As a professional you always want to make sure you are doing your best to complete the job tasks given to you and do the work properly. But what happens when you are unable to do the work due to health issues that impact your daily life? As a Student Affairs professional I often found myself helping others, but struggling to take care of myself and this showed in my work. I was not taking care of myself when it came to my mental health, diabetes, and other factors that impact me on the daily. I always felt guilty for taking a sick day to recuperate and make sure that I could take care of myself. We are often told that you cannot help others if you are not well yourself, but who does the checking in on professional staff members? Sure, we have our supervisors but we are often told we need to check-in on ourselves which is harder said than done in such a busy industry. Sometimes it feels like our days are so packed we feel as if we cannot take a break to recenter and focus on what we need to accomplish. We also need to take a moment to understand we might have students looking up to us, and if we are not taking care of ourselves, why should they listen to us when we tell them to take care of themselves?
The guilt that I have felt in the past taking a day off was tremendous. I always thought that taking a day off meant I was not doing my job well or at all. I soon realized that if I do not give myself those well-deserved breaks that I will not be able to do my job because I would be sick or not feeling well due to the impact my job was having on my body. You should never feel guilty about taking time for yourself to recharge and make sure that you are in a good place to work and continue to take on tasks. You have to be able to do what is best for you. There is always the fear that colleagues will look at you as weak or lazy but my ability status does not mean that I cannot do the work, I just need a moment to charge myself back up to the full potential I know that I have. I have had moments where colleagues have made me feel fragile due to the disabilities that impact my daily life, and that makes me feel as if I am not capable of doing my job. Your colleagues should not be the one labeling your health and the status of you being able to be successful, that is something you have to find on your own.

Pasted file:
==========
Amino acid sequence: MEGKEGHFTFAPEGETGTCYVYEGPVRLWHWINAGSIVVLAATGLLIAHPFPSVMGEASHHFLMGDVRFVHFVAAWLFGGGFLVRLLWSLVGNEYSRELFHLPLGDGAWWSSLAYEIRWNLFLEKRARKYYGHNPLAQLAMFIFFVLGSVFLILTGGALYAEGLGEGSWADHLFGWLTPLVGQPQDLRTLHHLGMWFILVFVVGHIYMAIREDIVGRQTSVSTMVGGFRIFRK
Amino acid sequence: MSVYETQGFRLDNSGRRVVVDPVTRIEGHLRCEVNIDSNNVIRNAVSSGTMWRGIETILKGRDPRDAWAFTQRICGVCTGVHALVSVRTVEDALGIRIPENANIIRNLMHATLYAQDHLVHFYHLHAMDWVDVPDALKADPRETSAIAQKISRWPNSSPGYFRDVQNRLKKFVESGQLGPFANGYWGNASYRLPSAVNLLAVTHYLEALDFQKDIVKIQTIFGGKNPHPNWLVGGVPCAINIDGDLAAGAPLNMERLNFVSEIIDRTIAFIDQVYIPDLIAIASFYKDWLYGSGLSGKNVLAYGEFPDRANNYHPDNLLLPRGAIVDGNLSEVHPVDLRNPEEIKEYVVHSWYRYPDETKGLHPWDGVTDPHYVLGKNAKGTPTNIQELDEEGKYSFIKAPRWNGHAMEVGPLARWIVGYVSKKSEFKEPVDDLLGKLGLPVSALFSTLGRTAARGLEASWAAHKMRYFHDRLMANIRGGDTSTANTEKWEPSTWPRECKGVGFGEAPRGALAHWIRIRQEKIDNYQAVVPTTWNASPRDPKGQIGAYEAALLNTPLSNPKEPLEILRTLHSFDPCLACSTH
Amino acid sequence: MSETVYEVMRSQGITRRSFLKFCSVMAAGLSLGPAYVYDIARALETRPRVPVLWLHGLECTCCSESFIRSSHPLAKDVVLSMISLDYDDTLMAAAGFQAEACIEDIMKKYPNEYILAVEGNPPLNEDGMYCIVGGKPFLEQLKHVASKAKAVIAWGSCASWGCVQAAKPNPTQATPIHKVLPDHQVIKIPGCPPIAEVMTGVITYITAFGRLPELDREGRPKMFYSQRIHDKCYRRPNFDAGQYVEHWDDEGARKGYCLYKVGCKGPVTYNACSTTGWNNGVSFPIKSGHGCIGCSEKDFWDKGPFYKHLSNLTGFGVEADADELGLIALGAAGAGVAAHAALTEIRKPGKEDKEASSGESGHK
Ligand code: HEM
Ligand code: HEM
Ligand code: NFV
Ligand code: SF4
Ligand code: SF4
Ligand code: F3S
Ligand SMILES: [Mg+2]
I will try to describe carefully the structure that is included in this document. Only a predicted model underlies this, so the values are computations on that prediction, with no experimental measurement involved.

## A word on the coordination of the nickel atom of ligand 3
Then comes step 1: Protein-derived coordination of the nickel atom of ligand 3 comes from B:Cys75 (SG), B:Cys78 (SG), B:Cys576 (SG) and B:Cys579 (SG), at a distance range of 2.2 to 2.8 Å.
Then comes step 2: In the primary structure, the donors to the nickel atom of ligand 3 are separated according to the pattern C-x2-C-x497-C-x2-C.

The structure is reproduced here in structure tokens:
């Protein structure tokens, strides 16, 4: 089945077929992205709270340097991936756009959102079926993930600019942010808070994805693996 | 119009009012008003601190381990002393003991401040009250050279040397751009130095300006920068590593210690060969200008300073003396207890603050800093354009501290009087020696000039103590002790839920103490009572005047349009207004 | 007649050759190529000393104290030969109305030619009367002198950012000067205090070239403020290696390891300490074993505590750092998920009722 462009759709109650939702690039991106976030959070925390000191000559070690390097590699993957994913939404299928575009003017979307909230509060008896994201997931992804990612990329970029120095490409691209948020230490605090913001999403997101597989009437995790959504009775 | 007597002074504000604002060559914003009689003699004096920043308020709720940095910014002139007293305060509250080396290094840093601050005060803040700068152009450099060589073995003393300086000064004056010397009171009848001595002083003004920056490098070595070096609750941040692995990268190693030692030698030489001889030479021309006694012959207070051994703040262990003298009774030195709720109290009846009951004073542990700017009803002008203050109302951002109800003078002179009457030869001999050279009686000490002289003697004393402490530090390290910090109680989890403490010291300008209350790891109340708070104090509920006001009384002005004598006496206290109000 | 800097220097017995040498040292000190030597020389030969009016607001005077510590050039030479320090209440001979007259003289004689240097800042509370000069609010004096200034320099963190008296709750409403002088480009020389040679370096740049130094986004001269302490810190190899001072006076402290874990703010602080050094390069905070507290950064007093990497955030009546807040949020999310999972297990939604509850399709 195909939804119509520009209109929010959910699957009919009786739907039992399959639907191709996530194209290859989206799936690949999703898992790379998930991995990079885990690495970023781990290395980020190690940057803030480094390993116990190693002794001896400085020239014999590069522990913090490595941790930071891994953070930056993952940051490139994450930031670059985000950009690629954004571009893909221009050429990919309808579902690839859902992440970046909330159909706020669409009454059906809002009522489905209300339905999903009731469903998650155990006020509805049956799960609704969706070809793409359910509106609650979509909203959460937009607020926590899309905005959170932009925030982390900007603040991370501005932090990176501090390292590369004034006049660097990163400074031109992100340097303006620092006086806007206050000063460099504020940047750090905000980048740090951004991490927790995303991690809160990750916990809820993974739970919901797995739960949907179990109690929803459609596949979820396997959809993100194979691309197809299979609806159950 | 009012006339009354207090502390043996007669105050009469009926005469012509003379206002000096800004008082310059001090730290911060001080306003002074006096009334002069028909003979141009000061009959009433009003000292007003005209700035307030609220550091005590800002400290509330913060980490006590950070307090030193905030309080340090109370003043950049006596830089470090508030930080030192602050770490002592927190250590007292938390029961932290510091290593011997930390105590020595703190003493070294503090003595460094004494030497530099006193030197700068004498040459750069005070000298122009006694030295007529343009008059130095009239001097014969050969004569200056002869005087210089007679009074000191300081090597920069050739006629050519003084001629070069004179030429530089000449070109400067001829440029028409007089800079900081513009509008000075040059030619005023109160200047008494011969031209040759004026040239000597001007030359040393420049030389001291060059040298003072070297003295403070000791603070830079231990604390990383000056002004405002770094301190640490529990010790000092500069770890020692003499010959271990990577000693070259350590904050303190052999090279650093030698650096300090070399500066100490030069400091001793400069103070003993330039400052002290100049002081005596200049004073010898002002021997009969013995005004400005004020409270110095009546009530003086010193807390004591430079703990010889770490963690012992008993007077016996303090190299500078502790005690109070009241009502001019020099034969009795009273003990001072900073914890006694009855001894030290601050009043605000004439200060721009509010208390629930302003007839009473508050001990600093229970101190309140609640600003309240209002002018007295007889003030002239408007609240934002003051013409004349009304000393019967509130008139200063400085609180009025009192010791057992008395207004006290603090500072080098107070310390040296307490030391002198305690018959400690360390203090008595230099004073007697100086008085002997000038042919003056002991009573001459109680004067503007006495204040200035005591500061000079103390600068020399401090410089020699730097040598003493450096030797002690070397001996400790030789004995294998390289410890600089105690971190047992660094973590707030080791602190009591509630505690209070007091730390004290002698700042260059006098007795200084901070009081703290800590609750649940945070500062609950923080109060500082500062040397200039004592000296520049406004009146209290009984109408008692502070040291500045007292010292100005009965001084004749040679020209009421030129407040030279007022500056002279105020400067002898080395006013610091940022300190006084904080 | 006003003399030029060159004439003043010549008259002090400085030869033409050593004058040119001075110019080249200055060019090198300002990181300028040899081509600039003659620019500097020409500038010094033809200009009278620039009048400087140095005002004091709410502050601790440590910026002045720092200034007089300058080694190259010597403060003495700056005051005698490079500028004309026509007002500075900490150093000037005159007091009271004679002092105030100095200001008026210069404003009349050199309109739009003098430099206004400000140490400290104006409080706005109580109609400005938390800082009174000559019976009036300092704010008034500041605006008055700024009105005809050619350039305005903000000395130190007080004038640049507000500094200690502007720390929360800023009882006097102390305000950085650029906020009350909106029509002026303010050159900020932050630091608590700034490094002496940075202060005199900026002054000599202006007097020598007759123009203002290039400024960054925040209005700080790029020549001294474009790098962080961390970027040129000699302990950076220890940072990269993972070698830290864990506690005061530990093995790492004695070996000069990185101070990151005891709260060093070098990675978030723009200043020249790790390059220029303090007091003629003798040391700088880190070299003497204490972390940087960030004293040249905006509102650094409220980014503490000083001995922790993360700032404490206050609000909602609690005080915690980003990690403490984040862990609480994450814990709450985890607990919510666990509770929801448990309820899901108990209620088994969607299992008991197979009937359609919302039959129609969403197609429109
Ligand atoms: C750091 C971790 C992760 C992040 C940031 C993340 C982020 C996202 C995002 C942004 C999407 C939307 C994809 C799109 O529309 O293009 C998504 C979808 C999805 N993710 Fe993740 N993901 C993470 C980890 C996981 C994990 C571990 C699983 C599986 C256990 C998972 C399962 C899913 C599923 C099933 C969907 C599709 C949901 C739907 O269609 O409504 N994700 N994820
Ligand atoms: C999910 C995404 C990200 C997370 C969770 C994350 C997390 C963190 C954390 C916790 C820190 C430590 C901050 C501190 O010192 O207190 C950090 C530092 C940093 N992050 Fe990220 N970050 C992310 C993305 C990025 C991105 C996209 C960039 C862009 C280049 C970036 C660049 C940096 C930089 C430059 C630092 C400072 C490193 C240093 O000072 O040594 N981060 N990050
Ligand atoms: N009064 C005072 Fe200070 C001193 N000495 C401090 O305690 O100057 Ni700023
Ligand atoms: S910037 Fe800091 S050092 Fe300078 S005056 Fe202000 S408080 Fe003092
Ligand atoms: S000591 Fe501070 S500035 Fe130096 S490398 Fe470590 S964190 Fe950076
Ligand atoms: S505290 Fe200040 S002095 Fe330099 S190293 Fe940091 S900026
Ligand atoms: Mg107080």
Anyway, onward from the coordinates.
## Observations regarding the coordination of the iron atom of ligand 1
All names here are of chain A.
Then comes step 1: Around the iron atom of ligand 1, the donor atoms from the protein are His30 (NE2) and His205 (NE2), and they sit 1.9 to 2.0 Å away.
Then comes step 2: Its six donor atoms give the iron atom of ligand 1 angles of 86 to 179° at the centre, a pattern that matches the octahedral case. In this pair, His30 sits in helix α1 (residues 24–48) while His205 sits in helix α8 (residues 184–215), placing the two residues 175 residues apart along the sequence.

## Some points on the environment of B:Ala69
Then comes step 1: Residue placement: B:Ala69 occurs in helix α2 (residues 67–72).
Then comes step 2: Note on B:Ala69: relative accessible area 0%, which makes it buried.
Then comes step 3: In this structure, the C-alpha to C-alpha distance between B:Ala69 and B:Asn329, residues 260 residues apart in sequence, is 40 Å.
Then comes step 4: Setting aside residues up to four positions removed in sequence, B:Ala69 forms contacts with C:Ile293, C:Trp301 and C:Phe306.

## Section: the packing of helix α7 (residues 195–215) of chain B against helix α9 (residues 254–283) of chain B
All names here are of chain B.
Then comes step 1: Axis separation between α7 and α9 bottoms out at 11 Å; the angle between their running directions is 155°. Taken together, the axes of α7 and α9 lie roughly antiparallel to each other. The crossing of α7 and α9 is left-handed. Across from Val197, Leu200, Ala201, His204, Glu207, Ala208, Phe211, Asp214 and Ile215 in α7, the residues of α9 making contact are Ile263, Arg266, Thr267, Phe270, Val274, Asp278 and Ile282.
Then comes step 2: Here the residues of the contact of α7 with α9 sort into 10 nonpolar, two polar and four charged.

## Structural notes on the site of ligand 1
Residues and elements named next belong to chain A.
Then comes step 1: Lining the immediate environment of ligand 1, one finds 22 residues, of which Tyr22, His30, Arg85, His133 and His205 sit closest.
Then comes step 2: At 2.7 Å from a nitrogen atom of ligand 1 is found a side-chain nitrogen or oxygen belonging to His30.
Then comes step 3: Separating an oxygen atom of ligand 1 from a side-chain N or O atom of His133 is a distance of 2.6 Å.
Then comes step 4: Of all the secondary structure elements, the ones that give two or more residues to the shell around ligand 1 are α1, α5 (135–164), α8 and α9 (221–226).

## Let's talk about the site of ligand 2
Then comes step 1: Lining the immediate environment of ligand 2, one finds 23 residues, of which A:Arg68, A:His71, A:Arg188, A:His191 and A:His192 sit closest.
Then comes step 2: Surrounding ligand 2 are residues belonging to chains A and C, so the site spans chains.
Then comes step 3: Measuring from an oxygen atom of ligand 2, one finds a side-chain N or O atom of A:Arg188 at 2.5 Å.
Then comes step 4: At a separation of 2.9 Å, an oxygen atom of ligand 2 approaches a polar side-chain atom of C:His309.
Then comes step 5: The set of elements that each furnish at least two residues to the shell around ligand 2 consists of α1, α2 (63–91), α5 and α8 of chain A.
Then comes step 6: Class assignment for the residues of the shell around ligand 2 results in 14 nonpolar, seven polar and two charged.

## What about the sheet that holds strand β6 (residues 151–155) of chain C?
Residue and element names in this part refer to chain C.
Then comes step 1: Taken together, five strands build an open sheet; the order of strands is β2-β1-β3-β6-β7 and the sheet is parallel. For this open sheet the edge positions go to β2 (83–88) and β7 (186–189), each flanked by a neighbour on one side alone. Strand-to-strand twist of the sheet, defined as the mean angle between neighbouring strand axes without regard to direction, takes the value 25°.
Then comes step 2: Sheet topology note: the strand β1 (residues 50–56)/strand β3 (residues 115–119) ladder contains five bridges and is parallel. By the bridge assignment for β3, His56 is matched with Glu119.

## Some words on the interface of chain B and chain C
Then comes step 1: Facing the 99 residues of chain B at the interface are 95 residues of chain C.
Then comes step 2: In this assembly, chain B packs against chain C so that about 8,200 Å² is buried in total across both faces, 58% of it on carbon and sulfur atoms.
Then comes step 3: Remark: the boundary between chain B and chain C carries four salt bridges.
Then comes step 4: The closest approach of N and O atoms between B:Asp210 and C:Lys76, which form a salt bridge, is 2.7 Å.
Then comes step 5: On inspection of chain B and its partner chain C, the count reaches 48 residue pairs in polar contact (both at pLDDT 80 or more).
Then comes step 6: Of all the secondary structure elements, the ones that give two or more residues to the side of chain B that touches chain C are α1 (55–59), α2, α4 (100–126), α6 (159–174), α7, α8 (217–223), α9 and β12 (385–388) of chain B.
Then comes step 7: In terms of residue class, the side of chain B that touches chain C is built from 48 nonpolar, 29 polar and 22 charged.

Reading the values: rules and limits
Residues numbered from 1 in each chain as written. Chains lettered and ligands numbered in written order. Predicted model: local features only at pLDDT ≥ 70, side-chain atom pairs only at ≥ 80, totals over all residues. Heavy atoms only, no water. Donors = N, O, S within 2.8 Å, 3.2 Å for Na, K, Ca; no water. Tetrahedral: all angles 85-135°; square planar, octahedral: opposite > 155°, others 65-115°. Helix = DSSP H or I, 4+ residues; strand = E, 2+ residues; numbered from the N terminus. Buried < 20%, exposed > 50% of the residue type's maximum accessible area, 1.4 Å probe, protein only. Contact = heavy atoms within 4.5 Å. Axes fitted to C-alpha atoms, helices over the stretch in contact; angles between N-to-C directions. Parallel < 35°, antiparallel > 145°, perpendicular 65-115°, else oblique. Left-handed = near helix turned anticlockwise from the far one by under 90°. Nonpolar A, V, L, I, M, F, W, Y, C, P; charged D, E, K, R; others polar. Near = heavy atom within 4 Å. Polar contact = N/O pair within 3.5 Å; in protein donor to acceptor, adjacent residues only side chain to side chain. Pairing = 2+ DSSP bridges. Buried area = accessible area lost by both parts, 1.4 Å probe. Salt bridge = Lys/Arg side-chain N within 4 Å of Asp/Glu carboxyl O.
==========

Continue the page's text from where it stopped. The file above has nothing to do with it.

I have had to learn my limits and create boundaries over the last few years especially when it comes to pushing my health way too far. You can only do so many things when your body is screaming for you to take a break. The way that Higher Education puts stress on the folks working in the field can be detrimental to one's health and you need to step back and evaluate what you need to continue on your career path and not feel so burned out that you can no longer do your job due to your health.
Burnout in Student affairs is such a recurring problem. Take a break when your body needs it. Your health is more important and you need to be healthy to continue to be successful for yourself. Always remember that your ability status does not equal your ability to work or do a job. Your ability status may impact how you work or when you need a break but you measure success for yourself and do not let folks make you feel bad for taking a break to continue on your path. Higher Ed can be overly busy and you have to make time to take the break you deserve.
Author: Alyssa Yoxtheimer (She/Her/Hers) is currently serving as the Assistant Director of the Office Of Residential Life at Ohio Wesleyan University. Alyssa was previously a Residence Hall Director at Bowling Green State University and Southwestern Michigan UNiversity. Alyssa received her Master’s degree from Grand Valley State University in Higher Education College Student Affairs and Leadership in 2019.
Alyssa can be found on LinkedIn at:https://www.linkedin.com/in/alyssa-yoxtheimer-m-ed-5b39a5160/